The governor’s proposed budget proposal for the 2024-2025 fiscal year leaves us with more questions than answers.
The governor claims that our actual fiscal shortfall is $37.9 billion while the nonpartisan Legislative Analysts’ Office projects the shortfall to be approximately $68 billion so there seems to be a huge discrepancy between the comparatively rosy projections pushed by the governor and the actual numbers estimated by the experts. In my almost 10 years in the Legislature, the LAO tends to be more accurate than the Governor’s Office when it comes to calculating the budget shortfall and revenue predictions.
The governor also discussed some key topics impacting our state and I want to break down how his solutions are inadequate to solve these pressing issues.
When the governor released his public safety budget plan, my first thought was “Is this a joke?’” Investing just $1.1 billion over a period of four years is a completely inadequate sum that will not reverse the rapid increase in crime. In 2022, violent crime rates dropped across the US yet they rose here in California, according to the FBI. 2023 will almost certainly show a similar increase in violent crime in California. Not only does the governor invest an inadequate amount of resources into public safety, he refuses to change the laws that would actually empower our police and justice system to arrest and properly prosecute lawbreakers.
The most important job of the government is to keep its citizens safe and our state is failing to live up to its primary responsibility. Our small business owners are demanding the state take action to counter the explosion in robberies but the governor’s allocation of just $374 million, spread out over four years, to fight retail theft ensures that the criminals will continue to rob businesses and receive little to no accountability.
A surprising bright spot in the governor’s budget is his $230 million commitment to fight the spread of opioid and fentanyl, including by deploying the National Guard to engage in drug interdiction and enforcement operations across California. The governor seems to understand the threat of overdoses by calling to invest $151 million in the distribution of naloxone. If the governor is serious about ending the threat posed by opioid and fentanyl trafficking, I look forward to working with his office to make sure we hold the traffickers accountable. The majority party in the Legislature is adamantly opposed to measures that would increase penalties for criminals so I do hope the governor is willing to pressure members of his party to work with us to ensure that all Californians are able to live in safety.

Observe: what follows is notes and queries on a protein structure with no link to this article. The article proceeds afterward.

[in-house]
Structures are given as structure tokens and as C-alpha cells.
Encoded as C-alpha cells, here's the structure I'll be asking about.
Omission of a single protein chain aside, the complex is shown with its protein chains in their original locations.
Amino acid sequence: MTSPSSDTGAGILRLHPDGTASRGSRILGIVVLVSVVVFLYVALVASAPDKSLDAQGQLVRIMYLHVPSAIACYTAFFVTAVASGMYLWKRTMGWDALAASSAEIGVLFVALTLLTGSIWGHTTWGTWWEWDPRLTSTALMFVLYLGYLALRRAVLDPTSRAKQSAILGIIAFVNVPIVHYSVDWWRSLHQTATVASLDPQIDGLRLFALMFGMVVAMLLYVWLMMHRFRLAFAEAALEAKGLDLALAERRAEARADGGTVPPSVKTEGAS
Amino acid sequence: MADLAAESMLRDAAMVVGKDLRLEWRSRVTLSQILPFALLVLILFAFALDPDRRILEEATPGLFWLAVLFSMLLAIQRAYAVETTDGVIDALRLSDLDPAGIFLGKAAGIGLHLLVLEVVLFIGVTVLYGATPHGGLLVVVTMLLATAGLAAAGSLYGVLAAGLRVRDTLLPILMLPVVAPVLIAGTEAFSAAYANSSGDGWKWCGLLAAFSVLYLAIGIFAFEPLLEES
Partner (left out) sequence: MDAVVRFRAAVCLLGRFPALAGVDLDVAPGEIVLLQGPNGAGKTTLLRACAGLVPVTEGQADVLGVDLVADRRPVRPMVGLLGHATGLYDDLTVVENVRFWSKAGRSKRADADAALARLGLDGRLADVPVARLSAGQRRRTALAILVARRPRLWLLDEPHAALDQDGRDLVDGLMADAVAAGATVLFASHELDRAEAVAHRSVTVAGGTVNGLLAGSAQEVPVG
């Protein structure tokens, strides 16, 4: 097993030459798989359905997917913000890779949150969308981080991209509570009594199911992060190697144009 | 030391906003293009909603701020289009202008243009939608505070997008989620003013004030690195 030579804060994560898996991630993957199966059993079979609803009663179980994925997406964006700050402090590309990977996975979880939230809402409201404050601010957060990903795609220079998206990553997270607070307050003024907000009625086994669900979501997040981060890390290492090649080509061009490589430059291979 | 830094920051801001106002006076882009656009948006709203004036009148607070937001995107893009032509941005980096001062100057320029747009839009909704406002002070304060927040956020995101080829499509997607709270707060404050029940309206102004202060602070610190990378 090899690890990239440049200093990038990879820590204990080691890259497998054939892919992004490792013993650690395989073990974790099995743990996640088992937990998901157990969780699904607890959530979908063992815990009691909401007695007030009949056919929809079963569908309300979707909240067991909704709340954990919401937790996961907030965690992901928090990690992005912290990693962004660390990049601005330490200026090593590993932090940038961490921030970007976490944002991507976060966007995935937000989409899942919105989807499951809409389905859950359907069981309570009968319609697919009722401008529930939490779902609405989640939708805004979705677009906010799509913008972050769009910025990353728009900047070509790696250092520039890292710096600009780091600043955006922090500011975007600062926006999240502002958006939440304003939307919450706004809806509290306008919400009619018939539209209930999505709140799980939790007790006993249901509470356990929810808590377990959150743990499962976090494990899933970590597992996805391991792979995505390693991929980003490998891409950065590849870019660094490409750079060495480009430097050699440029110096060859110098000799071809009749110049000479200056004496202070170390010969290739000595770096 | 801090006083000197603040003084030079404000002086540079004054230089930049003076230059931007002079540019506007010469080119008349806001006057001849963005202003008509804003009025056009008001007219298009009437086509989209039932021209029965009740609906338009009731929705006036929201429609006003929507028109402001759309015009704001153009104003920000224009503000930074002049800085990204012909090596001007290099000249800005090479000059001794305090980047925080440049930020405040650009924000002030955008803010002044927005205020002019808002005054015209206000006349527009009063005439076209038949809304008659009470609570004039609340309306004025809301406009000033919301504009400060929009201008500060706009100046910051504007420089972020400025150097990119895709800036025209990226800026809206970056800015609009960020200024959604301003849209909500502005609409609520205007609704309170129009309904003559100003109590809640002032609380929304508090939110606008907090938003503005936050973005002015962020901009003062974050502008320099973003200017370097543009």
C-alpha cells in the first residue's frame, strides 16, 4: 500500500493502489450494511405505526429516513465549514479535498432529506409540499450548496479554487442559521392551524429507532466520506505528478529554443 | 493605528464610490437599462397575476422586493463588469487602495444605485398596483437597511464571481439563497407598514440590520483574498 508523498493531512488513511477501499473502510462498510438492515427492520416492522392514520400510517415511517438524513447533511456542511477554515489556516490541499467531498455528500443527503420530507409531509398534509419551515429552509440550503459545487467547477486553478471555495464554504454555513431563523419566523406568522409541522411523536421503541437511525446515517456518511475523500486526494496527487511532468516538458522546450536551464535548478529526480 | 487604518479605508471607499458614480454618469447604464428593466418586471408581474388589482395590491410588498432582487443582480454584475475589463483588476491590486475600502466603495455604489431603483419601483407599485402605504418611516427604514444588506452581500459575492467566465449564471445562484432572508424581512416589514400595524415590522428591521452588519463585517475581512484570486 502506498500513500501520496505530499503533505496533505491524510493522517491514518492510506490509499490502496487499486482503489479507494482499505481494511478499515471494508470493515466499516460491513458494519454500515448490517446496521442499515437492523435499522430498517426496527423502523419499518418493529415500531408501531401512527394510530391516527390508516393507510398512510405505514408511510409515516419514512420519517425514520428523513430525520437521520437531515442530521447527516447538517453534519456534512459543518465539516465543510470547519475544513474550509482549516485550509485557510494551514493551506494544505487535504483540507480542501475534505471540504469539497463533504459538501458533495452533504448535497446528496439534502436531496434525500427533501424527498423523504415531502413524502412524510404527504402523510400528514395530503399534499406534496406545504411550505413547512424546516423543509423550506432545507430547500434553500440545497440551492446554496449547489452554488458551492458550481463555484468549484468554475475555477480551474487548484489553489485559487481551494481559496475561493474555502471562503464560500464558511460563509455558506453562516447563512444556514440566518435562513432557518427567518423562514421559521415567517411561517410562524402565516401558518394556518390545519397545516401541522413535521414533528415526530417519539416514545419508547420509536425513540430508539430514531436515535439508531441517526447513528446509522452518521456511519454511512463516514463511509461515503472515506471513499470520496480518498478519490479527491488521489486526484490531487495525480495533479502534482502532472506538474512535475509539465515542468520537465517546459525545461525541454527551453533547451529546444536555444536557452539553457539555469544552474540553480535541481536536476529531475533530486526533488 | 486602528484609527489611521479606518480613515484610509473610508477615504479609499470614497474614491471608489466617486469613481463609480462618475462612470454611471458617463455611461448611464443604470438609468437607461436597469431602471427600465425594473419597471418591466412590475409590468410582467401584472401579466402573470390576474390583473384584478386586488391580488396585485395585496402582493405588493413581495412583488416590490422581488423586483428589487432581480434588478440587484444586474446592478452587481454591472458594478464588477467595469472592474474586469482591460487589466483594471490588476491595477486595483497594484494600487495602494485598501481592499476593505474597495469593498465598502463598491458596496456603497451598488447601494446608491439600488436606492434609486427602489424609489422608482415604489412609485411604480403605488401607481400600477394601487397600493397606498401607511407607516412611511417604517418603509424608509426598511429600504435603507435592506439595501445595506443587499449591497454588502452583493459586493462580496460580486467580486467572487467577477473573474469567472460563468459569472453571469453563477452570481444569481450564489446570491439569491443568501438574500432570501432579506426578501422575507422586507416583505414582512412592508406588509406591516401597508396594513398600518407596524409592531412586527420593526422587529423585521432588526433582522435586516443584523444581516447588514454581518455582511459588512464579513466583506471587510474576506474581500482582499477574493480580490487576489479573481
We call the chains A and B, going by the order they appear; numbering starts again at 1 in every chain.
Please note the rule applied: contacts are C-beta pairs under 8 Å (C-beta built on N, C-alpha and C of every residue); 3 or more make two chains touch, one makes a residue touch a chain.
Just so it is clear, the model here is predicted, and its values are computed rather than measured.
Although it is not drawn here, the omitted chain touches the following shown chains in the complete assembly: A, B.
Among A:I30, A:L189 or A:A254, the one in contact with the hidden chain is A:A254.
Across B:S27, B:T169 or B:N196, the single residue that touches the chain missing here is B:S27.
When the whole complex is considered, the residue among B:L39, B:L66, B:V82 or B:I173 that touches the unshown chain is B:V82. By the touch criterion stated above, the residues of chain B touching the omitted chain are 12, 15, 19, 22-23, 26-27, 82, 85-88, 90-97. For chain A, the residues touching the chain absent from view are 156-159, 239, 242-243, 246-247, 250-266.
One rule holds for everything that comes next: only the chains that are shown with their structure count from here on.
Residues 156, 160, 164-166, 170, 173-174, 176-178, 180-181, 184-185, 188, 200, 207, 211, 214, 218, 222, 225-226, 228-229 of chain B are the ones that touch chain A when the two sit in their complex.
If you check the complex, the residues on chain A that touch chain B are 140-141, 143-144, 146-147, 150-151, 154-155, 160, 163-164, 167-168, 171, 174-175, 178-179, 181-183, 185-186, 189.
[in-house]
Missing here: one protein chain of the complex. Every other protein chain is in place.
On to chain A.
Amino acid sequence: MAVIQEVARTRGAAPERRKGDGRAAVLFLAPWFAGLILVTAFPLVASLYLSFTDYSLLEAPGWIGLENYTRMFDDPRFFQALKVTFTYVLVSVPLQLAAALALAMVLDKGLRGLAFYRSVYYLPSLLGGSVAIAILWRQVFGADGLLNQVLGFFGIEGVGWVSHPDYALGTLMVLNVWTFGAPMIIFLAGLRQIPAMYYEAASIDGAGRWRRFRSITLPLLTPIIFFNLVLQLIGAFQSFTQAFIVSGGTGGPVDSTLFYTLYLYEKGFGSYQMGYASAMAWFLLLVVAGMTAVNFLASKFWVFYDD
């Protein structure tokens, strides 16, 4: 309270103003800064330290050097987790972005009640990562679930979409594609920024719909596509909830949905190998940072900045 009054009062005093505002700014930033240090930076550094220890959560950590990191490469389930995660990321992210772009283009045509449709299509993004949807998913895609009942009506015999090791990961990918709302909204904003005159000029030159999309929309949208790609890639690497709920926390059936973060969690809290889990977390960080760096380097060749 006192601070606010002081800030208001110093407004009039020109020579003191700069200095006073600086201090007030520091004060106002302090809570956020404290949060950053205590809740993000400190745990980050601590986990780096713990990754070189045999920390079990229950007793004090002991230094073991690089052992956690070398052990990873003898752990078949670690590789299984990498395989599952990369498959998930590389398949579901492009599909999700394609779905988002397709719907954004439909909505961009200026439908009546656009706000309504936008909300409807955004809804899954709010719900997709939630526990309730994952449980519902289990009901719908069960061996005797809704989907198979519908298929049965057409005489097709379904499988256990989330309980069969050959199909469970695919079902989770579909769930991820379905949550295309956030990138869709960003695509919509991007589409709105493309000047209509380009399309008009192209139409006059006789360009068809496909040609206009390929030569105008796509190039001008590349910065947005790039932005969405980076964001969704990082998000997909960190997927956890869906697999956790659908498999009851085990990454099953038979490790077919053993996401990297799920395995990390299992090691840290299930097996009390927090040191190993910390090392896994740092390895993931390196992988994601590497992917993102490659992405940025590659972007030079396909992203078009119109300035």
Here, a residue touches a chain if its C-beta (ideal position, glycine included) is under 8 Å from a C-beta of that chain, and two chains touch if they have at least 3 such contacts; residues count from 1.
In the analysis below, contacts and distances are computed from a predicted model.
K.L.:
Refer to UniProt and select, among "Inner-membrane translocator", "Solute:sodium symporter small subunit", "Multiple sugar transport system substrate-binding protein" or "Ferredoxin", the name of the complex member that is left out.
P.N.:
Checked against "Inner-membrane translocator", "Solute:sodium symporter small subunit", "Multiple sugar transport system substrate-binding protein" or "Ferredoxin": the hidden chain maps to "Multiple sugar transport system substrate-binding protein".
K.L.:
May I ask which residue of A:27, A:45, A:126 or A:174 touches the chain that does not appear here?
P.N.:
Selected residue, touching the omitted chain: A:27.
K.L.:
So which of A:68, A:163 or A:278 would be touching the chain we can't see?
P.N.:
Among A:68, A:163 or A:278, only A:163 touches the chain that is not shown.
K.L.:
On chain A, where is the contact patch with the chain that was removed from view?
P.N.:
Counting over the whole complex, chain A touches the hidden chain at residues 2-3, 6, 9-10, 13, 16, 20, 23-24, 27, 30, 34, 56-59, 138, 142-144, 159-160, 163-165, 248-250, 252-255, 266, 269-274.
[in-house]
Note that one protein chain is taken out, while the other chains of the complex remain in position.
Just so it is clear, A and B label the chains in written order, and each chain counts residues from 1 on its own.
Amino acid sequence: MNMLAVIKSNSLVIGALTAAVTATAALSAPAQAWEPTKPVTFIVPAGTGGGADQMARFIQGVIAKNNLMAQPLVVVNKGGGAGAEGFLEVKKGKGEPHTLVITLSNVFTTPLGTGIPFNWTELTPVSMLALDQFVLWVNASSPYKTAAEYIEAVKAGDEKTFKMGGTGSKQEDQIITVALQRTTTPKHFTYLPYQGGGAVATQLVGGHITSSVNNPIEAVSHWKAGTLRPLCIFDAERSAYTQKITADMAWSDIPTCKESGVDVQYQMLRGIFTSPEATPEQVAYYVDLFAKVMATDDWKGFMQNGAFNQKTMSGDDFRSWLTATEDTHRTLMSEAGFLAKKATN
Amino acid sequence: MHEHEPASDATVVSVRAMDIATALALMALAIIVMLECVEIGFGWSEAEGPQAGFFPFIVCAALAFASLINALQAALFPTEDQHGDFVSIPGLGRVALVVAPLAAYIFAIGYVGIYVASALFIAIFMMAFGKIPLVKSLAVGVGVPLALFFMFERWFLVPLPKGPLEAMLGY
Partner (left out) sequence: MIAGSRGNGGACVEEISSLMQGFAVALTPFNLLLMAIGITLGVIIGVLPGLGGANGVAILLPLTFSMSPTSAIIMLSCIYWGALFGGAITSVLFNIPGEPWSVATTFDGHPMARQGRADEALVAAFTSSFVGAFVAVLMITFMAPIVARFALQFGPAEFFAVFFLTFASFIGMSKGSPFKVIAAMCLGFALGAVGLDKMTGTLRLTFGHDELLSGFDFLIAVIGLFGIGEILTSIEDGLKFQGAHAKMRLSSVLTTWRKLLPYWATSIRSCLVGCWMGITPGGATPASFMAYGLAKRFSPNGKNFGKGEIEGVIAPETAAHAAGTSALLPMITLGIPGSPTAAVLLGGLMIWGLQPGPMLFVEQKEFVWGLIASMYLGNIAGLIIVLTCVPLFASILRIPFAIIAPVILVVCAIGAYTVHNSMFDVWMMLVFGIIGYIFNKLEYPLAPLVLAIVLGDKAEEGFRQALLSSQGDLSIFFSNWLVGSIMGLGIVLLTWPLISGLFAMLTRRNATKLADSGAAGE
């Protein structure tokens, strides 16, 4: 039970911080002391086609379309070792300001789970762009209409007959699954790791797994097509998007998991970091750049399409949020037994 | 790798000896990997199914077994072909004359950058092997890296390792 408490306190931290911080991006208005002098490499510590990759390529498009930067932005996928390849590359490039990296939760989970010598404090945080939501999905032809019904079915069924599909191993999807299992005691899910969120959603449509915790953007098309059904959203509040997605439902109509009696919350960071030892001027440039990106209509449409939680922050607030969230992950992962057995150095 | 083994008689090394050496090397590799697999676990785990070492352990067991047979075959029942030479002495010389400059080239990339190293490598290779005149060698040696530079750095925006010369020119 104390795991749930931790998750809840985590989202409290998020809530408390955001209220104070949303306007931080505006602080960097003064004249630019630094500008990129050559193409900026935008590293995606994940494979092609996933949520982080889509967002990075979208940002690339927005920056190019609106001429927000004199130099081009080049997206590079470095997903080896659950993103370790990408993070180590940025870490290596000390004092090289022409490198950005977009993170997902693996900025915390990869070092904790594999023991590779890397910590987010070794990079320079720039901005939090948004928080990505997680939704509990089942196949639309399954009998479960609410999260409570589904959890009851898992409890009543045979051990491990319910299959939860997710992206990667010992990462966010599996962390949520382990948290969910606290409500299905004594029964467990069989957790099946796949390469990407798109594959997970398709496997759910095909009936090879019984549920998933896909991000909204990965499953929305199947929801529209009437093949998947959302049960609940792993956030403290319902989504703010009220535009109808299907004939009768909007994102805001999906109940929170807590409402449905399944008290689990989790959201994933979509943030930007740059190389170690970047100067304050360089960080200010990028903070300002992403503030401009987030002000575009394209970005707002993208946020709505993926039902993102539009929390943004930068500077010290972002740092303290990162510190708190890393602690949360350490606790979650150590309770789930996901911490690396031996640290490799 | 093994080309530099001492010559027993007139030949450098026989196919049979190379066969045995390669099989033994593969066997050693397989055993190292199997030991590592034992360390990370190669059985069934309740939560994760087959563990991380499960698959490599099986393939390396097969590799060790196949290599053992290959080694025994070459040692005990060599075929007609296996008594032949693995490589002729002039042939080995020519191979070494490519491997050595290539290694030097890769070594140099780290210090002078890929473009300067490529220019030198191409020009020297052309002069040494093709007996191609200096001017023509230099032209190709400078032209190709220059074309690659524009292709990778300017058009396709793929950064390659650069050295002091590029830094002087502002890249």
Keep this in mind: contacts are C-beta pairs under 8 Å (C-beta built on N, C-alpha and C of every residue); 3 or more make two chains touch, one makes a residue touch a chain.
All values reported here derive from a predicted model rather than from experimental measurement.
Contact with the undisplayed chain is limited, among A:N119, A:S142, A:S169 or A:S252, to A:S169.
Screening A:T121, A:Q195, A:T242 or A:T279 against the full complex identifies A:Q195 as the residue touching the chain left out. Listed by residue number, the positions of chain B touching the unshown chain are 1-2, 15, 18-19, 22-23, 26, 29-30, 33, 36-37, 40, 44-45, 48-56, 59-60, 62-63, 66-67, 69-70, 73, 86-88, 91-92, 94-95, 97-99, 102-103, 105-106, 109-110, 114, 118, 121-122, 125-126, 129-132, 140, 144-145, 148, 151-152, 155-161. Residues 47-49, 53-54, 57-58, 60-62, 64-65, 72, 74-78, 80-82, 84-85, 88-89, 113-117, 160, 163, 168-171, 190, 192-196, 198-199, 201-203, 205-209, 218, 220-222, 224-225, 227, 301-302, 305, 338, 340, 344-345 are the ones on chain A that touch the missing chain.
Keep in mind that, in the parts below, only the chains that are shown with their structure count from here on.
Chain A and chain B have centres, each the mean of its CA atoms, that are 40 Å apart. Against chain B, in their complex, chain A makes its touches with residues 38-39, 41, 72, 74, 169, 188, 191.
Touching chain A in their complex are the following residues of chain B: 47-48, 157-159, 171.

Governor Newsom was correct to point out that our state has one of the most volatile tax systems in the country. It’s very cyclical and highly dependent on the revenues of those invested in the stock market. Our severe vulnerability to the boom-and-bust economic cycle makes it hard for us to plan long-term investments in our public services. We also have some of the highest income taxes in the nation, stifling much-needed investment and job opportunities for Californians. Instead of raising the revenues needed to fund a giant social safety net as we were promised, these high taxes just encourage Californians to flee the state and take their money with them.
Unfortunately, Governor Newsom’s budget does nothing to alter California’s cyclical and restrictive tax environment. Businesses and residents will continue to flee the state, making it more likely that the Legislature will just raise taxes on those who remain which only furthers the vicious cycle of mass exodus and raising taxes.
I was pleased to hear that the governor empathetically rejected the proposal to create a so-called “wealth tax,” which would have depressed tax revenues and business investment in the long term as more businesses and individuals flee the state to avoid the new tax. If the governor hopes to institute a tax system that encourages growth and investment, I stand willing to work with him to reform our tax structure so we can incentivize businesses and residents to stay in the state.